Monday, April 23, 2007

Identify What Restores You, Then Do It!

DH and I recently spent nine days in the Great Smoky Mountains, a trip that reminded me once again of what truly restores my soul.
It's taken me many years, but I've finally learned that being outdoors in God's Creation is what refreshes me most: woods, streams, lakes, gardens, mountains, hollows, coves, seashores -- as long as it's outdoors and relatively untouched by human hands (and away from the crowds) it will refresh my soul like little else.

For the longest time I thought that because other people were rejuvenated by things like service projects, getting together with friends, extended worship times, inspiring music, journaling, going to conferences, taking workshops, etc., that I had to be, too. And I tried. I really tried.

But those things, though I was better for them, drained me even more.

Then I realized that I needed to listen to how God wired me. And God wired me with a deep appreciation for all things outdoors; He made me so that I need the outdoors.

Not everyone is wired that way, and that's okay.

But I am.

And I'm finally feeling free enough in grace to make time for my "nature fix." I'm listening to the restoration song God has implanted in my heart, and I'm finding my soul restored.

What refreshes you?

It could be, like it is for me, reconnecting with the Great Outdoors. But it could be other things, too:
  • creativity (doing art work or hand work or crafts, cooking, writing)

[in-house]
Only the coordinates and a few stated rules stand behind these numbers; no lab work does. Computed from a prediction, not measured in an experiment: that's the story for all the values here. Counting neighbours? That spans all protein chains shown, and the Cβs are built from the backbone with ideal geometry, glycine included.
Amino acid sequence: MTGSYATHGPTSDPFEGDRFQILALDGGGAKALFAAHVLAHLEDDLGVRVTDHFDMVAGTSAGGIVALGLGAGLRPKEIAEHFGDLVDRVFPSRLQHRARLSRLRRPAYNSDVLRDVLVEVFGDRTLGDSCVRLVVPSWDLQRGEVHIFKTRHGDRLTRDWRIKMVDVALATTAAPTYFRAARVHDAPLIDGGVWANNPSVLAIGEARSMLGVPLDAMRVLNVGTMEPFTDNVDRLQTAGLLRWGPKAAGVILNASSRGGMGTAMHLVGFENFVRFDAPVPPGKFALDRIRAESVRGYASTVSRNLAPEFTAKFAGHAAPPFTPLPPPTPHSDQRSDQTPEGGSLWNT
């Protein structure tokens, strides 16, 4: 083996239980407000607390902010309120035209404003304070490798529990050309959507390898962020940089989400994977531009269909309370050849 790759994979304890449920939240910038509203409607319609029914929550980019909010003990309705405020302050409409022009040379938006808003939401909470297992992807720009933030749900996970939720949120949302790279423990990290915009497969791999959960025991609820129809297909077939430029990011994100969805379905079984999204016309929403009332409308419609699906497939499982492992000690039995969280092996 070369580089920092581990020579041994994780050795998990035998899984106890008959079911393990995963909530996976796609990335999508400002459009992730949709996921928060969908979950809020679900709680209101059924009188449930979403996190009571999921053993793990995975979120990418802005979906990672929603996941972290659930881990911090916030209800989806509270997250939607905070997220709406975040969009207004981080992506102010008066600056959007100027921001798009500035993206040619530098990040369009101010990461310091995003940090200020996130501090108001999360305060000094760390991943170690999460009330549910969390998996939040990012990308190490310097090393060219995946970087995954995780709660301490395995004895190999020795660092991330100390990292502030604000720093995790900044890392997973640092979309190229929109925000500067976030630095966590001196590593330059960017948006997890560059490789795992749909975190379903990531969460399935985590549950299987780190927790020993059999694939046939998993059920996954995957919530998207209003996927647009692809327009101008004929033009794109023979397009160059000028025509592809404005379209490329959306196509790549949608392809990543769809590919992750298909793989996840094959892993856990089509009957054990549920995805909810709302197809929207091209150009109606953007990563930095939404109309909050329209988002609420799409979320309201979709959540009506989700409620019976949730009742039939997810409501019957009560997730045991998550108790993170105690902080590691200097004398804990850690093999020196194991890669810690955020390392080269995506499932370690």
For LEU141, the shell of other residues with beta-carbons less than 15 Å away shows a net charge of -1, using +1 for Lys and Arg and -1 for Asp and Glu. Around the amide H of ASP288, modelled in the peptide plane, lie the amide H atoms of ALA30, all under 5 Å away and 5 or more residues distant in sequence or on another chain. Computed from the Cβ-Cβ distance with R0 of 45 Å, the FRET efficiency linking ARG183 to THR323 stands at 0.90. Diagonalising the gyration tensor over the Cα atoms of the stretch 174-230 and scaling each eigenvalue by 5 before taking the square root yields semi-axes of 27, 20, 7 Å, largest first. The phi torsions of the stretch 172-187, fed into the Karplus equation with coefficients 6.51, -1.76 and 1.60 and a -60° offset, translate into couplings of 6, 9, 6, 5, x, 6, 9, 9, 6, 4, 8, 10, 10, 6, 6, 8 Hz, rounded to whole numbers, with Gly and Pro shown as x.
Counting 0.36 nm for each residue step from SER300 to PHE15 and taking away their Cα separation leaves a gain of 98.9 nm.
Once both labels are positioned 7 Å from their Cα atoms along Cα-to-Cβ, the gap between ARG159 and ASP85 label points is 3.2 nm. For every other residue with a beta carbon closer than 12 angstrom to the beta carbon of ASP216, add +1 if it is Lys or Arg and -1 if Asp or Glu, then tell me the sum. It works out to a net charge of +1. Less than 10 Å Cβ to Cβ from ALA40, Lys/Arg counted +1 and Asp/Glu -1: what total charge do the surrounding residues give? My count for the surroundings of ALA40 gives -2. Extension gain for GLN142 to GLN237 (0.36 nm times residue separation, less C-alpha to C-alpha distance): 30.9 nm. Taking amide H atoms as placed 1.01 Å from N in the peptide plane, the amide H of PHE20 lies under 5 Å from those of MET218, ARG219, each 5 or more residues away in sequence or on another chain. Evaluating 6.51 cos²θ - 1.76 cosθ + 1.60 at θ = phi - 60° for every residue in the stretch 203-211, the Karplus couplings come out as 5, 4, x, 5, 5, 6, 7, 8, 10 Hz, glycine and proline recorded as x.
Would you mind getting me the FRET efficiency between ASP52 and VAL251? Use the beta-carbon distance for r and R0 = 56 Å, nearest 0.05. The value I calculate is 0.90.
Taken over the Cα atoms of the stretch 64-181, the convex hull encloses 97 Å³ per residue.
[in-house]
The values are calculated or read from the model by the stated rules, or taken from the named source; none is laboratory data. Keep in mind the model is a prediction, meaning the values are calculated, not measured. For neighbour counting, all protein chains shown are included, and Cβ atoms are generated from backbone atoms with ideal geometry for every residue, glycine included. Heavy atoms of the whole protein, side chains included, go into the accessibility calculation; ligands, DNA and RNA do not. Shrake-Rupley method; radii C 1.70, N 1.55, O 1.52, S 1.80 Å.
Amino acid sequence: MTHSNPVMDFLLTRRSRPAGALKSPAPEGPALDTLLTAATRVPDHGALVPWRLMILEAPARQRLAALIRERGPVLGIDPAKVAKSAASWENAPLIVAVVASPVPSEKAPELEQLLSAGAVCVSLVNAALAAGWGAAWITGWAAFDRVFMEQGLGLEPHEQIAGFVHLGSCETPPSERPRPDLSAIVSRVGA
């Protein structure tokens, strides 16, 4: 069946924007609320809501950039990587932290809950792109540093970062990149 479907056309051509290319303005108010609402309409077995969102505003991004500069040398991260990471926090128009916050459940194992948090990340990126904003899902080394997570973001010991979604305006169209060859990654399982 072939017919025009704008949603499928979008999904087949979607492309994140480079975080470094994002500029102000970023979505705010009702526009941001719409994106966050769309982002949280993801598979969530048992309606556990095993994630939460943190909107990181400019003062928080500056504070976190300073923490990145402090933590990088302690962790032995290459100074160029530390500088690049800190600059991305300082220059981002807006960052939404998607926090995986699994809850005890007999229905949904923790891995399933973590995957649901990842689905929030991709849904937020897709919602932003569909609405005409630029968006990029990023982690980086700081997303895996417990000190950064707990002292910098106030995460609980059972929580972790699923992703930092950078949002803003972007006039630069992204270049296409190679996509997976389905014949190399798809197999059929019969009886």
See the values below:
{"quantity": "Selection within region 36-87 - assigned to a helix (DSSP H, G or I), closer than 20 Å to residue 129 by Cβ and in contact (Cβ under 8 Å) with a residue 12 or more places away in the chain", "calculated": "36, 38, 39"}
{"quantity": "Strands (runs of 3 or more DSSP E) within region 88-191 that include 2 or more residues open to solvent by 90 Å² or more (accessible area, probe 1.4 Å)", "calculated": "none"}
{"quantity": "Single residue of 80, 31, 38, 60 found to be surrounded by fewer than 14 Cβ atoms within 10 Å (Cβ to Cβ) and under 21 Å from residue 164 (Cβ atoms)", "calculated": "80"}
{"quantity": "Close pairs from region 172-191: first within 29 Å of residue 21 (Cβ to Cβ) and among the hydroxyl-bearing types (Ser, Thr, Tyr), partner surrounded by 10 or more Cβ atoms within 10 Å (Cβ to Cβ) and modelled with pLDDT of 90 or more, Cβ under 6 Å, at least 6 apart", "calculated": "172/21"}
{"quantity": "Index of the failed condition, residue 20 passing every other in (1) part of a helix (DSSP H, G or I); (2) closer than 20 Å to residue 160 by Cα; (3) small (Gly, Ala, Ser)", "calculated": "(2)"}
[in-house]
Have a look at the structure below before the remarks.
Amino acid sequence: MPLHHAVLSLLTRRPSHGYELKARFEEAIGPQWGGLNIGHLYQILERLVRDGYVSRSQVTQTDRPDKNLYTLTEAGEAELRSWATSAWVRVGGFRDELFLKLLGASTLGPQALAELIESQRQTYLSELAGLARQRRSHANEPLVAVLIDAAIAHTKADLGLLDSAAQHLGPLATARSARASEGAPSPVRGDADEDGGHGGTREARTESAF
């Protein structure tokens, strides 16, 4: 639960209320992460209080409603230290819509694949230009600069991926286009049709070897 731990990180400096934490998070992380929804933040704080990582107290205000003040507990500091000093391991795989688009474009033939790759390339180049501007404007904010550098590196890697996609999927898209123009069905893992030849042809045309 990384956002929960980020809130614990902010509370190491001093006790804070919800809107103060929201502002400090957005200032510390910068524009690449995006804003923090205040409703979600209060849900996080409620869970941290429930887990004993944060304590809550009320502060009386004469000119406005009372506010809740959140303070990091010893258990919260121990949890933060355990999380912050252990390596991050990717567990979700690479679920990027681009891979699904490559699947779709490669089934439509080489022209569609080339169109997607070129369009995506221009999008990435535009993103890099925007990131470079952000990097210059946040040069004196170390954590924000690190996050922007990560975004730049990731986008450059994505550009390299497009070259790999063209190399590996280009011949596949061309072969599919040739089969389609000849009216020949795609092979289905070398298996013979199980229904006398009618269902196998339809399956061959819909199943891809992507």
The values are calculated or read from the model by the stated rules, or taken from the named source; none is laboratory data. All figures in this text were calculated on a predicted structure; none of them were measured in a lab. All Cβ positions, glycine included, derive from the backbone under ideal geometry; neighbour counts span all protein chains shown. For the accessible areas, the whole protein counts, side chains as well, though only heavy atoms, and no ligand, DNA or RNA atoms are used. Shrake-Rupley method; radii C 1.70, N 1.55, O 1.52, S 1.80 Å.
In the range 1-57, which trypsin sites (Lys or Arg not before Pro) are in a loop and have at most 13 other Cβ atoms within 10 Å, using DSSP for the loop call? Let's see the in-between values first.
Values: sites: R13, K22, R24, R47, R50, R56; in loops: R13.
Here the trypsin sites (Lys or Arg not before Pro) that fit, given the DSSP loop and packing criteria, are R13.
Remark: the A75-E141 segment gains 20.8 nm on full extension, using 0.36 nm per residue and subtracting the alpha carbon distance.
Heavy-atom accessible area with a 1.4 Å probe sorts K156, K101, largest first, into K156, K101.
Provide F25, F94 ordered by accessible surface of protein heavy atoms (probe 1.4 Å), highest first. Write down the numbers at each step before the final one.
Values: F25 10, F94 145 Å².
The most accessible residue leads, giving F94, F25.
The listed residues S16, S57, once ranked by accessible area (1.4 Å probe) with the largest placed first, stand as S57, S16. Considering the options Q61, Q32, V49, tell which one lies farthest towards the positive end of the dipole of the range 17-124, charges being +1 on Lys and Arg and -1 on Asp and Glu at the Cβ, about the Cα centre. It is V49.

• music (listening to music, playing an instrument, participating in corporate worship)

  • relationships (being with people)
  • learning (studying, attending workshops, listening to teaching)

  • helping (serving others)

  • physical activity (swimming, hiking, bowling, kayaking, biking, working out)

  • other people's stories (reading biographies, listening to others)

  • spiritual disciplines (extended time in prayer, meditation, Bible study, worship, etc.)

  • quiet (just turning off the noise of everyday life

  • changing your pace

  • changing your environment

These are just a few; I'm sure you could name others.

The point is this: learn what truly restores you (not what others think should restore you), and then plan time to nurture that part of you. Make time for that which rejuvenates your spirit and encourages your soul.

You (and others, especially those you serve) will be better for it.

'Til next time,